Published on March 2nd, 2012 | by Greg0
Home Movies In 3D: A Mixed Bag
We're pretty confident that everyone who saw Avatar came out wondering, "when will my home movies be able to look like this?" Not so much the special effects or makeup- we'll stick with the Blue Man Group for body painting, thanks- but the 3D technology. Of course, not everything is better with that extra dimension, and if you think professionally edited films can make you a bit dizzy, wait until you've tried filming a party yourself.
So, we approached the DXG 5F9V HD 1080p 3D Camcorder with a mix of wonder and skepticism. We've tried out their cameras before- three of them in fact, from the Luxe series to the A80V that we liked and found a solid bargain. They might not be a name familiar to many people, but they do have one of the few 3D video cameras on the market, and certainly the only one we've seen in the price range.
And, indeed, you get to film in three-dimensions, with decent video quality. But the camera is certainly not without it's share of flaws and foibles. Much like the A80V, it can film at 30 fps at 1080p or 60 frames per second at 720p- though it's important to note that the end result in 3D is half that resolution, since the frames are split. We liked the screen quite a bit- no glasses needed- and the camera isn't that bulky or heavy. Filming does take some getting used to, though, and it's made harder by a design flaw. While other DXG cameras can tilt the screen for easy viewing during filming, the dual lens system sticks out beyond the body in this model and blocks the screen from rotating.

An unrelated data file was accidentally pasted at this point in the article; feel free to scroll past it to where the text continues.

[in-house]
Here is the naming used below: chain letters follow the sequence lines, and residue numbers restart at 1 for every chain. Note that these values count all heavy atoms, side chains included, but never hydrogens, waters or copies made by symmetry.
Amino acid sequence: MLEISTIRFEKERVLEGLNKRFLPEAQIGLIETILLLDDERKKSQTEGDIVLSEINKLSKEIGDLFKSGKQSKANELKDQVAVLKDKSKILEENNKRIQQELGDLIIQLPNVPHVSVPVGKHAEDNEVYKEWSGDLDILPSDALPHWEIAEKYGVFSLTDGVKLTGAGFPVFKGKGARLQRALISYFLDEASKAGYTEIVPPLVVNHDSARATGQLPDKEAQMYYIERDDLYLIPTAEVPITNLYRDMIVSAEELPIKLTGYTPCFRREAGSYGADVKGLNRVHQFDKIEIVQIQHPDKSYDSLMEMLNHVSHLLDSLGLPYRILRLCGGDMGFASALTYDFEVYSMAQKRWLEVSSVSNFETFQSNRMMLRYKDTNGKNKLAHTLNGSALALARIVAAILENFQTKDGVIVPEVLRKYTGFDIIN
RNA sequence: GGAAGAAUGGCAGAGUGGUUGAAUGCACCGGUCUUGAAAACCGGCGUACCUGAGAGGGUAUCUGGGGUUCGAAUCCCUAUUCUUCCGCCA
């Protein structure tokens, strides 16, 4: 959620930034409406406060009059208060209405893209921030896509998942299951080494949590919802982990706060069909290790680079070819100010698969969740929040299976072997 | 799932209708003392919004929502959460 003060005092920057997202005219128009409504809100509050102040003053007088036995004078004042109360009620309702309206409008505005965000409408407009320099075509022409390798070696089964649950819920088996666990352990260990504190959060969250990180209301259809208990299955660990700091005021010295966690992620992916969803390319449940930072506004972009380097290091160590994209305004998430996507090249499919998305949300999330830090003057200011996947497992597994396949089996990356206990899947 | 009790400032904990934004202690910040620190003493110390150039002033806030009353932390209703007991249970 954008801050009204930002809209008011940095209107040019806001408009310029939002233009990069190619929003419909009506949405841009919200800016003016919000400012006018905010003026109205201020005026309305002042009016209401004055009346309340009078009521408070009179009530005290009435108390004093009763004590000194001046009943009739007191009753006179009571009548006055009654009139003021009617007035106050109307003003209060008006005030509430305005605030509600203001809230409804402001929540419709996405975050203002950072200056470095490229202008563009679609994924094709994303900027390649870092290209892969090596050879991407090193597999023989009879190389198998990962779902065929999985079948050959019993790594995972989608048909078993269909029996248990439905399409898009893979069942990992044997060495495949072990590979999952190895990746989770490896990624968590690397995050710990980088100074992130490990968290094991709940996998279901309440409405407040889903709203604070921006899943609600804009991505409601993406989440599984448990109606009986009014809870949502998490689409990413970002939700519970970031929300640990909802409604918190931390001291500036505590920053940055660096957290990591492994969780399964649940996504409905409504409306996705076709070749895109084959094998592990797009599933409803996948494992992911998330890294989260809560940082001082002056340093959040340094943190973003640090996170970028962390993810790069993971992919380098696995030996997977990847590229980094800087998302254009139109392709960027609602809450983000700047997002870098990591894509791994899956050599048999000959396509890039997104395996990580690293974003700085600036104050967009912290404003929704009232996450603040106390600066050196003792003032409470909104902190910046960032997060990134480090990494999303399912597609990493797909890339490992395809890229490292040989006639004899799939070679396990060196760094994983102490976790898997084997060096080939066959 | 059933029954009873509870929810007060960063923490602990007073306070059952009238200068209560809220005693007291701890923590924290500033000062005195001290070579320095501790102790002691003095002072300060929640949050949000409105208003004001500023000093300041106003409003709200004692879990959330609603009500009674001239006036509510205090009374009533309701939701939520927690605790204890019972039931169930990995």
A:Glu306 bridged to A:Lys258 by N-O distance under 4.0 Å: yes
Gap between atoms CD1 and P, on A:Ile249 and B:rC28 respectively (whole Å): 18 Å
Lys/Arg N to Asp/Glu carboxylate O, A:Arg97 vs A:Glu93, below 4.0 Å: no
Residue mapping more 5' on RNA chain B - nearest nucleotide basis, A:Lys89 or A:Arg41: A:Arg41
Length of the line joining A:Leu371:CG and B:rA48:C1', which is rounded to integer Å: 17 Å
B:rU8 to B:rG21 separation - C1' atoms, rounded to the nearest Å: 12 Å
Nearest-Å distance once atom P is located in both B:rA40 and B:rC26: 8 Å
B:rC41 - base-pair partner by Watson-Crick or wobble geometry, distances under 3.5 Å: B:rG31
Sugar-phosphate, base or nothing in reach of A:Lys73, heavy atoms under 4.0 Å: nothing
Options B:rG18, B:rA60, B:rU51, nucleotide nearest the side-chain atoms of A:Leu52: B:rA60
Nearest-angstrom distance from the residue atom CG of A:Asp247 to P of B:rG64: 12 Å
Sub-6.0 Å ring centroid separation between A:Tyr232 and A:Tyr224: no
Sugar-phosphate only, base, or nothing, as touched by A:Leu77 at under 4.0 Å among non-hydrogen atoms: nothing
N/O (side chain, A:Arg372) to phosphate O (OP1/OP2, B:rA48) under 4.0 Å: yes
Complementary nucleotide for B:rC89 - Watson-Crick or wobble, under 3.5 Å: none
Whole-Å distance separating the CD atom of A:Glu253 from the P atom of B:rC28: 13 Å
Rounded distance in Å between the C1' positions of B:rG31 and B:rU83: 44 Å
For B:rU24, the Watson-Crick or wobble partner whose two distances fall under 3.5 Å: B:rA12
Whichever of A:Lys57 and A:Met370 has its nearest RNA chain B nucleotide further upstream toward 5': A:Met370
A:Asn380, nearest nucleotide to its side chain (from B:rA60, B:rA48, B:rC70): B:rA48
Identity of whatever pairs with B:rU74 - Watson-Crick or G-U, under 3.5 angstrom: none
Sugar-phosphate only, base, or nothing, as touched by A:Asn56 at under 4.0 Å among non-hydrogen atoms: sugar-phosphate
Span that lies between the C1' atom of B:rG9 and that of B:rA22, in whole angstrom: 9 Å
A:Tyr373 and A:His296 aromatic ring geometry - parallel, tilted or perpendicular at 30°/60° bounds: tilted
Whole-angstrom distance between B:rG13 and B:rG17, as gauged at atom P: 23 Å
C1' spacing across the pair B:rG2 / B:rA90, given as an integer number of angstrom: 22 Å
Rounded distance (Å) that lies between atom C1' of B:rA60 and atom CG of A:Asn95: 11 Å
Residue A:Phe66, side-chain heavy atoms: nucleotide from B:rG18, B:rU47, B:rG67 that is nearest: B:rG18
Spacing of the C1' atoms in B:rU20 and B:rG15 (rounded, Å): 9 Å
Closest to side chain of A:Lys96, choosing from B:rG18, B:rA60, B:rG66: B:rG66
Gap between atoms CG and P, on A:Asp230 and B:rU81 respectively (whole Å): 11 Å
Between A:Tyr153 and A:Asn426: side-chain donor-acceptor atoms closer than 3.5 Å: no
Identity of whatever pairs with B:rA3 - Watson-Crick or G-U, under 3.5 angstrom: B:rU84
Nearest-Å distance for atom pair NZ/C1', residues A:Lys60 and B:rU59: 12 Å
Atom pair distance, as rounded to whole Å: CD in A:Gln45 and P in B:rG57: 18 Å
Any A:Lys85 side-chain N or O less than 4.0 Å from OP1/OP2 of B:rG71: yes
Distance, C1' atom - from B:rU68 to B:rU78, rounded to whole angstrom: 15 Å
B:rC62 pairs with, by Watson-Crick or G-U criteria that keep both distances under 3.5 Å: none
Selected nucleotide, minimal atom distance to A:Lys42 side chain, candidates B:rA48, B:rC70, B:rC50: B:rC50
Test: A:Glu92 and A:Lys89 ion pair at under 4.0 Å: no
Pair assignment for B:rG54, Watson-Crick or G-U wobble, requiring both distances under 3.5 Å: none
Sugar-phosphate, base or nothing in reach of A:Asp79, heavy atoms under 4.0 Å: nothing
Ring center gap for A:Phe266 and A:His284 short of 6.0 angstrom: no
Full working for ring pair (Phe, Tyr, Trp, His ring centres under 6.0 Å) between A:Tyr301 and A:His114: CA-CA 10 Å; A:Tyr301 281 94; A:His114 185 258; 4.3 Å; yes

As we've seen in the past, the audio quality is pretty poor- barely better than your smartphone, frankly. There's no optical zoom- only a 4x digital zoom which we recommend avoiding but was better than some we've seen. And there isn't any image stabilization, so a good steady hand is important- or better yet, a tripod. We tried out some samples through a 3D TV via the handily-included HDMI cable. Of course, not everyone will have access to one of these fairly new televisions, and the process does require the camera to be plugged in and turned on. But our random test shots and takes looked decent, with surprisingly good color balance, clarity, and a fair bit of depth to the image. There is no way that we could find to convert these images to the common red/blue format, instead requiring stereoscopic viewing. And the included software is terrible- we couldn't really get it to work- but the files are encoded to H.264, AVI, which makes them a breeze to upload to YouTube (and they do a very good job of conversion as well).
Battery life was decent, though you'll need to remove the battery to recharge it. Memory is handled via SD cards- the onboard storage of 128 MB is essentially useless, and we suggest getting a big, high-speed SD card. If you've already invested in a 3D television, it's definitely worth trying out this guy- it's worth the bit of practice, patience and little bit of additional investment (if you don't already have an SD card an a tripod). As an entry-level camcorder, it's fun.
We wouldn't suggest it to those who don't specifically need the feature though. Here are some samples, though they won't look like much without a capable monitor or display- note the 3D in the lower right of the video. At $240 or so, available online now, it's a great first attempt at a consumer-level ready-to-go 3D videocam, and we can't wait to see better software and future upgrades to the line as the technology becomes more widely available.